Accuracy of computed tomography (CT) scan in the detection of penetrating diaphragm injury

J Trauma. 2007 Sep;63(3):538-43. doi: 10.1097/TA.0b013e318068b53c.


Background: The use of computed tomography (CT) to identify injury after penetrating torso trauma has become routine in the hemodynamically stable patient. The diaphragm has been a historically difficult structure to evaluate, however, and missed injuries to the diaphragm may result in significant morbidity. With the increasing use of multidetector row CT (MDCT), we hypothesized that CT would be an accurate detection modality to identify patients with diaphragm injuries.

Methods: We retrospectively reviewed the admission CT of consecutive patients admitted for penetrating injury to the torso during a 4-year period. The CT scans were reviewed and classified into three categories: positive (P), negative (N), or equivocal (Eq). Data from the medical records of these patients were abstracted to identify demographics, injury-specific data, length of stay, length of follow-up (LOFU), and operative findings.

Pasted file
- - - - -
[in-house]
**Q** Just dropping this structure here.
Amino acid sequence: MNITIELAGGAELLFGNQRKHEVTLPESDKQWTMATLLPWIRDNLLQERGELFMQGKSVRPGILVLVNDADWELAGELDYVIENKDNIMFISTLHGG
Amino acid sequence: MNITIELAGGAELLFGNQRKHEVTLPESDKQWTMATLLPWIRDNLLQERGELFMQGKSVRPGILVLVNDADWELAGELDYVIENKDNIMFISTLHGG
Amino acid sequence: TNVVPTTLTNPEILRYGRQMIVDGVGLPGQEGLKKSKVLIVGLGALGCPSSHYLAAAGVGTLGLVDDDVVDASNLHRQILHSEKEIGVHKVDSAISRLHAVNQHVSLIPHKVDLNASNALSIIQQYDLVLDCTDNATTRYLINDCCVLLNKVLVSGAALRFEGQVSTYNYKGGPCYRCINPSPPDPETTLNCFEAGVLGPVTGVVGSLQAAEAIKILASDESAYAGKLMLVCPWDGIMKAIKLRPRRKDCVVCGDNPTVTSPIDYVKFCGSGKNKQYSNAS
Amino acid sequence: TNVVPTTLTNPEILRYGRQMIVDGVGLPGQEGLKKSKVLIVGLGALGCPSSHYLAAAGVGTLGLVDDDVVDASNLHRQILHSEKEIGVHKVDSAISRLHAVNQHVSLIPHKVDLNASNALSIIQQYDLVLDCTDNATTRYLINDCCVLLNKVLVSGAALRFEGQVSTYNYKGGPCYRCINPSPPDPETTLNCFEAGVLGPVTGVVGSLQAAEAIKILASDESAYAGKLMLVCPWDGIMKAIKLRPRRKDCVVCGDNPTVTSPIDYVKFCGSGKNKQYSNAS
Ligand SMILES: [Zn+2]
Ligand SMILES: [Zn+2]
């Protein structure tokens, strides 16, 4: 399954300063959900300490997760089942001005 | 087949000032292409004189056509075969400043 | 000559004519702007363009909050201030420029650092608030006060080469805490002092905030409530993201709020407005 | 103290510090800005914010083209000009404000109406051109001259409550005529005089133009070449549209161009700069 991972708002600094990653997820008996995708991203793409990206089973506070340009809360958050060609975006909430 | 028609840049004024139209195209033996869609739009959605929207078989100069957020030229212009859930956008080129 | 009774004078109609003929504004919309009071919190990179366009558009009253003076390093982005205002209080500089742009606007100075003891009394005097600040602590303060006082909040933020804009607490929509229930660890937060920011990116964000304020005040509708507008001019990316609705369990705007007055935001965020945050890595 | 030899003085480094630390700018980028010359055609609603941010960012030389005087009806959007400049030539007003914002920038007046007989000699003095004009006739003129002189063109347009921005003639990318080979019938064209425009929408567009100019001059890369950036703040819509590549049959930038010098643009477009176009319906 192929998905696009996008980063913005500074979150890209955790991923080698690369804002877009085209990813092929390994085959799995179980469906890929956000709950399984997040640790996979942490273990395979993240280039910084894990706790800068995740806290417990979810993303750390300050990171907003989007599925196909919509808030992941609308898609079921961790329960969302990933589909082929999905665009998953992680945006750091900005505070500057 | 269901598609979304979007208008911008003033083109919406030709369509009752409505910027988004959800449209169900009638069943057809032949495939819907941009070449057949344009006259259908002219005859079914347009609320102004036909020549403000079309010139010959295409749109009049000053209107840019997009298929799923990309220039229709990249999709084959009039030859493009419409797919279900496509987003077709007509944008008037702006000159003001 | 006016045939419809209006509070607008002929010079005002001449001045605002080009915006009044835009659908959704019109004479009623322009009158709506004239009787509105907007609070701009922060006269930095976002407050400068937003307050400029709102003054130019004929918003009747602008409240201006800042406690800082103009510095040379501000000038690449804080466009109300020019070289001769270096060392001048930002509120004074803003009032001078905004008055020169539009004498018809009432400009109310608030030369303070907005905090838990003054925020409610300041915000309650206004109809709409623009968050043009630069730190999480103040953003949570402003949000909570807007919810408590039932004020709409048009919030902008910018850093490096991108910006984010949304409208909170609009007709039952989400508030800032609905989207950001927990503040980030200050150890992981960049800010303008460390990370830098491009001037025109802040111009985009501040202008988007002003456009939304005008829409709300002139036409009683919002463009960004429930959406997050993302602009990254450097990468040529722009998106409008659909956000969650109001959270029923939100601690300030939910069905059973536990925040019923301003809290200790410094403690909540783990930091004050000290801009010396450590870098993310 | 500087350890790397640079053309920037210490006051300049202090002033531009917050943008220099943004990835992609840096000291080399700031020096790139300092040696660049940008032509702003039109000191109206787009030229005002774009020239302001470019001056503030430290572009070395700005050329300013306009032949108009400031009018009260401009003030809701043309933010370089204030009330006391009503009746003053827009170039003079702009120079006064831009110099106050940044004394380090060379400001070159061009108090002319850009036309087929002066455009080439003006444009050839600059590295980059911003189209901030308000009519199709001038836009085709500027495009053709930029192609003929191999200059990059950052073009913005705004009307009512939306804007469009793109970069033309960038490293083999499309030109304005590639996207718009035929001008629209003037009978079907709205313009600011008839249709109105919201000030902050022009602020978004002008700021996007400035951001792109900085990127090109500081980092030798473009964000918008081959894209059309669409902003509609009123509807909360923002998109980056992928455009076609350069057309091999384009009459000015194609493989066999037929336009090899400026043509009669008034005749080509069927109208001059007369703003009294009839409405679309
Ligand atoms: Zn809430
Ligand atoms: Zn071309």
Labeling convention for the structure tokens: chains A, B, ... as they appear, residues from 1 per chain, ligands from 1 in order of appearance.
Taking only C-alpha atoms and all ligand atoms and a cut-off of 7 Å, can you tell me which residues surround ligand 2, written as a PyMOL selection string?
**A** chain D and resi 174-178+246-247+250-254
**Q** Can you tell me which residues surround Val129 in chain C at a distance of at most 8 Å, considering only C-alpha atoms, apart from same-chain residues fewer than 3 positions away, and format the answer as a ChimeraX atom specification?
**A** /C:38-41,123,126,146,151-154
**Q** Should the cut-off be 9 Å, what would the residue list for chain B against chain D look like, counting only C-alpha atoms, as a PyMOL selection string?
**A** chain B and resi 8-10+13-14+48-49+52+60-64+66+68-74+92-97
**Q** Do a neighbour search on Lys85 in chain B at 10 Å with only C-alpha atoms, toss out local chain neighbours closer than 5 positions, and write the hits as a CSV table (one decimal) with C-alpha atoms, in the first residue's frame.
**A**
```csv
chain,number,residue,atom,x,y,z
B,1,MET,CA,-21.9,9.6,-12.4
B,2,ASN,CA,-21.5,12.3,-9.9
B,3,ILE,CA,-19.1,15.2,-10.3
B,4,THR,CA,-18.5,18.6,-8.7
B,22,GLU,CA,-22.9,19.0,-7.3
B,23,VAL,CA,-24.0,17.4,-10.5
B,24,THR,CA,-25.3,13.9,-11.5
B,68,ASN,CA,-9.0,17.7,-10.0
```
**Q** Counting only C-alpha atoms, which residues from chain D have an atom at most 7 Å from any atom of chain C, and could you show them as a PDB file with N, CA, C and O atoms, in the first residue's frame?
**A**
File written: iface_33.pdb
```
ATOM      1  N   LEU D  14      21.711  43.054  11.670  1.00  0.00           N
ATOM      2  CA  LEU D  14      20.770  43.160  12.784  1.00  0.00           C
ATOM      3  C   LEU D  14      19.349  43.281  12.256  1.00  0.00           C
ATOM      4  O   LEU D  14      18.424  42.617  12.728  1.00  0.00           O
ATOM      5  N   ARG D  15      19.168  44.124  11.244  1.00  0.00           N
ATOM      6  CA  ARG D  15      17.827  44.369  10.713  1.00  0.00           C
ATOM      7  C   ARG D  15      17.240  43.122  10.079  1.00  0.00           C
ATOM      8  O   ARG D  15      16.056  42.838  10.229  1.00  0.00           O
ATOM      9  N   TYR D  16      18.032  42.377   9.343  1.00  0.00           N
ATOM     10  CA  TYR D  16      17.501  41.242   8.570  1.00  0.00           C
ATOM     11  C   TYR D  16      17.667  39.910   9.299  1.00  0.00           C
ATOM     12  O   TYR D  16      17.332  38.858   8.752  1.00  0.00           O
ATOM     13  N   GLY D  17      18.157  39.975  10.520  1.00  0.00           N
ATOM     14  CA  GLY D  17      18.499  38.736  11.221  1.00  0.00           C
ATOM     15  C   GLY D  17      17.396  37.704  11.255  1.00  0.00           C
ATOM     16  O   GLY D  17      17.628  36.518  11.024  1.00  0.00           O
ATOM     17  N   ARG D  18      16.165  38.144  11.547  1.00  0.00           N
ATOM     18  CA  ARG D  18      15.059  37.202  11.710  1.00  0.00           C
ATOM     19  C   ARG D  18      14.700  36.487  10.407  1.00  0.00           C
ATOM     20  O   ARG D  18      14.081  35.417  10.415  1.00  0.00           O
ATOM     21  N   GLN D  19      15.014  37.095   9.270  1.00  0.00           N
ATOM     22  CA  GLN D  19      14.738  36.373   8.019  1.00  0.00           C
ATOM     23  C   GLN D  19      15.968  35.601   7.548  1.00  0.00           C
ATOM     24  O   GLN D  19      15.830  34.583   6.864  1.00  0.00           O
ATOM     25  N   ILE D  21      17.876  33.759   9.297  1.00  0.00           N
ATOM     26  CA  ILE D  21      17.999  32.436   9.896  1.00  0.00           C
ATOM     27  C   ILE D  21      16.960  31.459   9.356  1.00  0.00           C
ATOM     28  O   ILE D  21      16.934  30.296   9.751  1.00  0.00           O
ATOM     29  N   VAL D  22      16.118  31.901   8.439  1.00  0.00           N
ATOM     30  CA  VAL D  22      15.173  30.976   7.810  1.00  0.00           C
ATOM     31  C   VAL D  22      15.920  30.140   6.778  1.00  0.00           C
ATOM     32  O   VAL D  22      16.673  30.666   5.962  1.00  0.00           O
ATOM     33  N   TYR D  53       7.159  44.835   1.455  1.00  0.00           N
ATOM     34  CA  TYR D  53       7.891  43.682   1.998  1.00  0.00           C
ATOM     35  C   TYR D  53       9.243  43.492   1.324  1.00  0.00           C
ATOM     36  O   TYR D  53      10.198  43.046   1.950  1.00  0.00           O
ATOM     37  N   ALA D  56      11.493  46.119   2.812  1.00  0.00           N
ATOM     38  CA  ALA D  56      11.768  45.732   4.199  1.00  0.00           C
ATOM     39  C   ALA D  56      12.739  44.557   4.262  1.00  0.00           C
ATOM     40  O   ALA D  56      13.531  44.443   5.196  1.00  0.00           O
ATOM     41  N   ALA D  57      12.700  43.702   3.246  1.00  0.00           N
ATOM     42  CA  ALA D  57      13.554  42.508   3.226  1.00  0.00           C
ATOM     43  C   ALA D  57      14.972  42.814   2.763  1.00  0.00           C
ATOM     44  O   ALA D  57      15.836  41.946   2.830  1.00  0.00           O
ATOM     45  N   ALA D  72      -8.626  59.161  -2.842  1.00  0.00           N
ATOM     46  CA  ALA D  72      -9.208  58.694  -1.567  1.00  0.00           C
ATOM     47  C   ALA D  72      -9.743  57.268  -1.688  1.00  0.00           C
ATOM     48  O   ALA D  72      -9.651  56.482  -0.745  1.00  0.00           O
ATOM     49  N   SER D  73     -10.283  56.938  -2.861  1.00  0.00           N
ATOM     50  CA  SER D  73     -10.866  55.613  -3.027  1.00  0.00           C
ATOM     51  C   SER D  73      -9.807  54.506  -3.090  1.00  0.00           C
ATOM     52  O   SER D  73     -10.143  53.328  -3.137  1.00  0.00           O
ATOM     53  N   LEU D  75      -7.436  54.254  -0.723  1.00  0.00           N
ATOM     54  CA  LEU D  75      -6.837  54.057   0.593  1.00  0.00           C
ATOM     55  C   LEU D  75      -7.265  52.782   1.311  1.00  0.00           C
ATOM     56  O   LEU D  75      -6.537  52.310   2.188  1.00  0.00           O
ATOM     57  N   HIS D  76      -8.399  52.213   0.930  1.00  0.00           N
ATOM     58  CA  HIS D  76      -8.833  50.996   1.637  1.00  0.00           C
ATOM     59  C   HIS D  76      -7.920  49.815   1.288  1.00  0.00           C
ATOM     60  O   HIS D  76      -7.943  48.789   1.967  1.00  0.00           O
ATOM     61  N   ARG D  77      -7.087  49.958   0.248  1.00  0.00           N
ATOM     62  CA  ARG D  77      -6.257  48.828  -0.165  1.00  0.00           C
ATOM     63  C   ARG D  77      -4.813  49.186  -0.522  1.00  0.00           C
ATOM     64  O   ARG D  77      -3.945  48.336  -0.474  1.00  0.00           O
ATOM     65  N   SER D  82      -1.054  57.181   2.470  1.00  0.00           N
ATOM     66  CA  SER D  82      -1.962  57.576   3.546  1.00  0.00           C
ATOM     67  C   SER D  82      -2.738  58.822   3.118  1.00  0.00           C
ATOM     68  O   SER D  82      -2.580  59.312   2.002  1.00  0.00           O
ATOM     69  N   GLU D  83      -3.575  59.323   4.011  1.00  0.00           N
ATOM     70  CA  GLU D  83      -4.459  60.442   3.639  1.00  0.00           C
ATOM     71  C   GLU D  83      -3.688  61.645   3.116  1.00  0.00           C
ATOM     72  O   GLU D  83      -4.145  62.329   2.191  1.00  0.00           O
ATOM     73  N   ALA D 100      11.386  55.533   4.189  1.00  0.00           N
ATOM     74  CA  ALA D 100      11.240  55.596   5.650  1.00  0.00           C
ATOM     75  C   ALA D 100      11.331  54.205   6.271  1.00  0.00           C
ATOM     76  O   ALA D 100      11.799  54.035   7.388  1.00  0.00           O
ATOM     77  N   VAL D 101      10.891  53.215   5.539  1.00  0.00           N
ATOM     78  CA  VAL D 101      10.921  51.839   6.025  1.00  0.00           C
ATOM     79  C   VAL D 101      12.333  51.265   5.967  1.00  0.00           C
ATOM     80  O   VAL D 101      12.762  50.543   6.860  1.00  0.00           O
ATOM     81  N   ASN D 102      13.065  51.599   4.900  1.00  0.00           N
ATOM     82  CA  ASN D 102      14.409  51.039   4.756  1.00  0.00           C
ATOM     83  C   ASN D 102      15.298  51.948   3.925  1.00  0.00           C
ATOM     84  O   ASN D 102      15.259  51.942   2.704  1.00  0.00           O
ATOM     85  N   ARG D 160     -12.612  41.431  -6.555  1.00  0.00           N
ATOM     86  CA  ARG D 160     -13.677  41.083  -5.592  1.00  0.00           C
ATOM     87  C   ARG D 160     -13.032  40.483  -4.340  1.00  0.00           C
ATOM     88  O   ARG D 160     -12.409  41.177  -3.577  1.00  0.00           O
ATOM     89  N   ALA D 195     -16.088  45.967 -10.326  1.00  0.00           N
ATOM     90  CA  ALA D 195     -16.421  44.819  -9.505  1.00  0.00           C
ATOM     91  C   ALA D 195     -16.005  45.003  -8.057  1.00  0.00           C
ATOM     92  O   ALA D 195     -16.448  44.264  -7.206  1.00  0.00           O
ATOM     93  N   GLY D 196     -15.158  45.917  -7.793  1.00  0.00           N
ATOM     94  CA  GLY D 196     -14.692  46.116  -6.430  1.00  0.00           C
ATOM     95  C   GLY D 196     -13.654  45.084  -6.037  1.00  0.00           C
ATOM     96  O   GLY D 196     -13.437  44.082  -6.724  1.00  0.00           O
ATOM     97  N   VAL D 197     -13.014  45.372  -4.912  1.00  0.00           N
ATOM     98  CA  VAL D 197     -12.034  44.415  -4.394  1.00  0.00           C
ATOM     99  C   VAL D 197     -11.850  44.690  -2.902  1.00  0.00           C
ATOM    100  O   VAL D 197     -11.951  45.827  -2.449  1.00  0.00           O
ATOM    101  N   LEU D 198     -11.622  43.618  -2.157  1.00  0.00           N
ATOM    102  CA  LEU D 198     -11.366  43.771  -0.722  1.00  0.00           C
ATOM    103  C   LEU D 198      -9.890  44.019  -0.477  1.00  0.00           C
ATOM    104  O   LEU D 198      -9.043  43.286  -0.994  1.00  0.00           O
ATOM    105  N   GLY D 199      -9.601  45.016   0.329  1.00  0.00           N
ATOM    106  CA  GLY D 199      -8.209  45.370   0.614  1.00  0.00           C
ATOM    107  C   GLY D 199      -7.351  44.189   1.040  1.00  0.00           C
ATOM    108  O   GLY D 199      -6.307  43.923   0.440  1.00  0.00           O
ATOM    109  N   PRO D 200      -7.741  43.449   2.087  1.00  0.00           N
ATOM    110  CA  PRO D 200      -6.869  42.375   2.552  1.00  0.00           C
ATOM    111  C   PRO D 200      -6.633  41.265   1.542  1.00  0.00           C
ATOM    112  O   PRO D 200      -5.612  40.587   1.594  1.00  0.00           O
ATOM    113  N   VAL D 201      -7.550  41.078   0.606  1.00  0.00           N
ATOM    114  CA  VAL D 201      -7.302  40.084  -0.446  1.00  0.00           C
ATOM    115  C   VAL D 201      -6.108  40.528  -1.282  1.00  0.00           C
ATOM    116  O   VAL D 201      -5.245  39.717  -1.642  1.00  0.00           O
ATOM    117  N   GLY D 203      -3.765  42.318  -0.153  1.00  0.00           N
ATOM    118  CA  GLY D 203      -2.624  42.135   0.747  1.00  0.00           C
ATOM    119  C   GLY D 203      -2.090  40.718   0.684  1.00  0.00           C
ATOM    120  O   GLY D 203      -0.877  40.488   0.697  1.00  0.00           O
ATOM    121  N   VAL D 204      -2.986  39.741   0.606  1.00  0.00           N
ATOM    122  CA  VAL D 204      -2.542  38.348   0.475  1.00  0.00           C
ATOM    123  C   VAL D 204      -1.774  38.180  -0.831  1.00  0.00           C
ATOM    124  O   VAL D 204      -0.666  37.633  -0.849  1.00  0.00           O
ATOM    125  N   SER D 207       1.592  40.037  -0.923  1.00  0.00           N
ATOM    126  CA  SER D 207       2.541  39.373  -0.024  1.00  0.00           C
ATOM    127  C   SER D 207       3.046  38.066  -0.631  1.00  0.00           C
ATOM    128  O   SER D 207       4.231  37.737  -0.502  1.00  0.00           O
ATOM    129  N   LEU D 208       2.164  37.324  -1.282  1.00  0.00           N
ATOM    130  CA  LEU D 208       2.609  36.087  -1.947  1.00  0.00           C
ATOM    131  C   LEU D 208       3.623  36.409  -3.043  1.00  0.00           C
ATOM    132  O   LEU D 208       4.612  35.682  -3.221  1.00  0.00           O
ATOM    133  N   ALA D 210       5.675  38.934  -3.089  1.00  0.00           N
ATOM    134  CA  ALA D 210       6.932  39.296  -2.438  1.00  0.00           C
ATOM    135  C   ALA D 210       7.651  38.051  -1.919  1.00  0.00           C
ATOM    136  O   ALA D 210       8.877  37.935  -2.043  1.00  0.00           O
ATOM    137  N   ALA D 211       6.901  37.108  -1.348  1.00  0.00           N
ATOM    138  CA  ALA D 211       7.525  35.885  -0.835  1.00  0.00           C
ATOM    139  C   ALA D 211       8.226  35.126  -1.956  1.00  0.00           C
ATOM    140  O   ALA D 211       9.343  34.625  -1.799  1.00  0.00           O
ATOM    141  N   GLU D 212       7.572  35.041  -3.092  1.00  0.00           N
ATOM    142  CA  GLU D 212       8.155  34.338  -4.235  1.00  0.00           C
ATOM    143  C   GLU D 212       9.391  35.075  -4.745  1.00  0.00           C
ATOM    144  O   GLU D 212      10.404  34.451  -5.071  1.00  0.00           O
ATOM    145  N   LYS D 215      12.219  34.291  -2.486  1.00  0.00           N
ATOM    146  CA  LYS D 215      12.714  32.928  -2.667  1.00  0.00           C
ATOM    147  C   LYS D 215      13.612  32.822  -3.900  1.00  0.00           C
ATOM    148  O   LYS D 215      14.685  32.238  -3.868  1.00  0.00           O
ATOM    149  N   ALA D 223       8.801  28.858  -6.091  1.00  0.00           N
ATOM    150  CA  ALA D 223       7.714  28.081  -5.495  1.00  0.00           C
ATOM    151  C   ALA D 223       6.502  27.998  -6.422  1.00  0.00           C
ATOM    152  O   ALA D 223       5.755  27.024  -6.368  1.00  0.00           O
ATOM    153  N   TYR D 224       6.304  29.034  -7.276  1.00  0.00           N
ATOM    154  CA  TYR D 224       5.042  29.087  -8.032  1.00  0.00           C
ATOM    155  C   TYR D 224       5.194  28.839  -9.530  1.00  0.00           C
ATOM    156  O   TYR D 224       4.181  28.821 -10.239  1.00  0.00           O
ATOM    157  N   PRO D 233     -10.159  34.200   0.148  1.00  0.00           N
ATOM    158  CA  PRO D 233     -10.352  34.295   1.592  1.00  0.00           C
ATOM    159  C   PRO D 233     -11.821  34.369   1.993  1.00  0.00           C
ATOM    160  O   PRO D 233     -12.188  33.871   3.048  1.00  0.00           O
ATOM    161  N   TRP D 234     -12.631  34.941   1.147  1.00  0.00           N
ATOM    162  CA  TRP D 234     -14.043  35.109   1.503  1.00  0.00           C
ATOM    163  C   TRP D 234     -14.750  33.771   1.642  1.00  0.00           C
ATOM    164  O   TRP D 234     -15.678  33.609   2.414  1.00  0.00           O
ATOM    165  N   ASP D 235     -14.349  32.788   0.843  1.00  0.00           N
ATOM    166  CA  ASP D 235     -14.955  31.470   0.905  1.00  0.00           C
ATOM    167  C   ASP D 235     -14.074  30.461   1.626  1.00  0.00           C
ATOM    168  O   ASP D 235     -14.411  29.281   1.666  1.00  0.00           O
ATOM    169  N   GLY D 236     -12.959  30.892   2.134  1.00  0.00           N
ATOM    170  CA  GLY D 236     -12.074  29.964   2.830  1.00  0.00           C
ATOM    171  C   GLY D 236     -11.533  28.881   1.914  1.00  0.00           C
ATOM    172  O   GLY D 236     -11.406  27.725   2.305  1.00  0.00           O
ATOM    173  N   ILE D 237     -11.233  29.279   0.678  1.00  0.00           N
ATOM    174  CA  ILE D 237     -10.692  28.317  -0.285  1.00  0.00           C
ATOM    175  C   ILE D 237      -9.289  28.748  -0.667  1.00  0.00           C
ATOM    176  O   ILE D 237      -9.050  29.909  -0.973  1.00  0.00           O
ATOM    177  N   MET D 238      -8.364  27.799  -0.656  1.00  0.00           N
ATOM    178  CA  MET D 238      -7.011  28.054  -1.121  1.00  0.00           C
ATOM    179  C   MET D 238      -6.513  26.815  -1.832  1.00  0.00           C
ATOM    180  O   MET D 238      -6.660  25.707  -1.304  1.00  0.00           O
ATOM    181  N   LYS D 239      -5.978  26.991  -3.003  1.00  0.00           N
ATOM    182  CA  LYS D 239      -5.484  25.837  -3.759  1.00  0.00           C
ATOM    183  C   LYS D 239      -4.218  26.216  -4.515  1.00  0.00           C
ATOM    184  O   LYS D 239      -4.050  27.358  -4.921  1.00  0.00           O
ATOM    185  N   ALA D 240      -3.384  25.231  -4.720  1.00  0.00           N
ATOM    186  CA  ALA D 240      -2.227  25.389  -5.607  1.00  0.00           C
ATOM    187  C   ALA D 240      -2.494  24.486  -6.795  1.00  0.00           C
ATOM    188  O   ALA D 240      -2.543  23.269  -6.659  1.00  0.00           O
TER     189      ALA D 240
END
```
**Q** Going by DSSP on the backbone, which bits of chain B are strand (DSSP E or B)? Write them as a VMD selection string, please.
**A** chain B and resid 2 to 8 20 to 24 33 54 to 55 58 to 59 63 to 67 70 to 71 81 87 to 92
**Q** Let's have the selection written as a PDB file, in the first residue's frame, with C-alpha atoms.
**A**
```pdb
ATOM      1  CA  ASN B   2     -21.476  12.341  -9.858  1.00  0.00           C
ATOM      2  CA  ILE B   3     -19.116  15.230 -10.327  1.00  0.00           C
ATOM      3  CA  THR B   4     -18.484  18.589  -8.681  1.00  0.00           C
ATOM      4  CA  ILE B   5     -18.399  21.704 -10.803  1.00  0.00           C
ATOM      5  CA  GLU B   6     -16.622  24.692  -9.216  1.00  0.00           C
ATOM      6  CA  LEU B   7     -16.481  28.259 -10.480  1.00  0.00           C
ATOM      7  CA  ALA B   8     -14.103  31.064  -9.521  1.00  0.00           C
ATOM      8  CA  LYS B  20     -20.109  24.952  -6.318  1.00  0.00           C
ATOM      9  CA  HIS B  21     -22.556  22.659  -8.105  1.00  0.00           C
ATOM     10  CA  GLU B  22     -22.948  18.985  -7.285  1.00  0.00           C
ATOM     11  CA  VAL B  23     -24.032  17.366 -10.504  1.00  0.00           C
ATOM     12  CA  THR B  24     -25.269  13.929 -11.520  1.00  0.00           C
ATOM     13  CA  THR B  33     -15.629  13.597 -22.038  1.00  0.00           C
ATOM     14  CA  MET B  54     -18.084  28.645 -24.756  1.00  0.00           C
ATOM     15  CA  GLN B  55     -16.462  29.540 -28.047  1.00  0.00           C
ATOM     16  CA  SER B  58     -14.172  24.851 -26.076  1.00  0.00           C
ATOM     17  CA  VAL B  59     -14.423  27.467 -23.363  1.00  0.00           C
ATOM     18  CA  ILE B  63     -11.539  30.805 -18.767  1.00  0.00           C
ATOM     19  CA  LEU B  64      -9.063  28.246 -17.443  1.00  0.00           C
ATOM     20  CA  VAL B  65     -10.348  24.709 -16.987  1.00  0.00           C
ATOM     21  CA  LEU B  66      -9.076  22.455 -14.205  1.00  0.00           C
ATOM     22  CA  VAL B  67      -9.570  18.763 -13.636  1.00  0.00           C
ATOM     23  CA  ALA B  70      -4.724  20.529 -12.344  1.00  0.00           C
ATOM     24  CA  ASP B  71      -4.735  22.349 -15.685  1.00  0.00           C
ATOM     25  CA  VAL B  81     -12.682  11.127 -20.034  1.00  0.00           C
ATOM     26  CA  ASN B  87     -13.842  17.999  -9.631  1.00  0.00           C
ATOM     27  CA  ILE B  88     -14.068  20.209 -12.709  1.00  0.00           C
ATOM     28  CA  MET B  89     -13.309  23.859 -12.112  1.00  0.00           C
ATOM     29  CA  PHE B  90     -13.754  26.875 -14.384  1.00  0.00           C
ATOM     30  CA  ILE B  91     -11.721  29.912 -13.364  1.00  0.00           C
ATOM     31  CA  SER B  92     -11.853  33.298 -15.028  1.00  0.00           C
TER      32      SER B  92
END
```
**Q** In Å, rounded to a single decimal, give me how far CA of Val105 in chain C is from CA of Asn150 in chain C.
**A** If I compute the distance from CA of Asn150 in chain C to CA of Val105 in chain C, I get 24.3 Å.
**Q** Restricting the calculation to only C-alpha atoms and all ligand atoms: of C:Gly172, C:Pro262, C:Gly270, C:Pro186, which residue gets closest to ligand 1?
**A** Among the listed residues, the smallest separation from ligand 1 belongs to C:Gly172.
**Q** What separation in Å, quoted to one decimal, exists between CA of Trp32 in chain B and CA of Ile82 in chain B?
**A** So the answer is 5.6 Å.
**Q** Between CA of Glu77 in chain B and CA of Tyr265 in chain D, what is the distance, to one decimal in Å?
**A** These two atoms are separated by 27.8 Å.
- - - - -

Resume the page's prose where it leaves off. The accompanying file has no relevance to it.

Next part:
Results: There were 803 patients who met inclusion criteria. Mechanism of injury was gunshot wound in 36% and stab wound in 64%. Mean length of stay was 4 days (+/-6.6) and mean length of follow-up was 43 days (+/-184). CT was read as P in 57, N in 710, and Eq in 36 patients. Diaphragm injury was detected in 67 patients overall and was excluded in 736. For the entire study population, sensitivity and specificity were calculated as 94.0% (95% CI = 88.4-99.7) and 95.9% (94.5-97.4) with an overall accuracy of 95.8% (94.4-97.2) if the CT scan was used to exclude diaphragm injury ([P and Eq] vs. N). Sensitivity and specificity were 82.1% (72.9-91.3) and 99.7% (99.4-100) if CT was used to detect diaphragm injury (P vs. [N and Eq]). One hundred and forty-eight patients underwent operative procedures in which the diaphragm was evaluated. Diaphragm injury was identified in 50 (38 P, 4 N, 8 Eq) and was surgically excluded in 104 patients (2 P, 93 N, 9 Eq). Three hundred and eighty-four patients were lost to follow-up; including 348 who had negative finding on CT. There were no known missed diaphragm injuries during the study period or in follow-up.

Conclusions: Injuries to the diaphragm occur commonly after penetrating torso trauma. MDCT scan is an accurate test to detect diaphragm injury. When MDCT is equivocal, further investigation is required to evaluate the diaphragm.

MeSH terms

  • Adolescent
  • Adult
  • Aged
  • Aged, 80 and over
  • Contrast Media
  • Diaphragm / injuries*
  • Female
  • Humans
  • Length of Stay / statistics & numerical data
  • Male
  • Middle Aged
  • Registries
  • Retrospective Studies
  • Sensitivity and Specificity
  • Tomography, X-Ray Computed / standards*
  • Wounds, Penetrating / diagnostic imaging*
  • Wounds, Penetrating / surgery


  • Contrast Media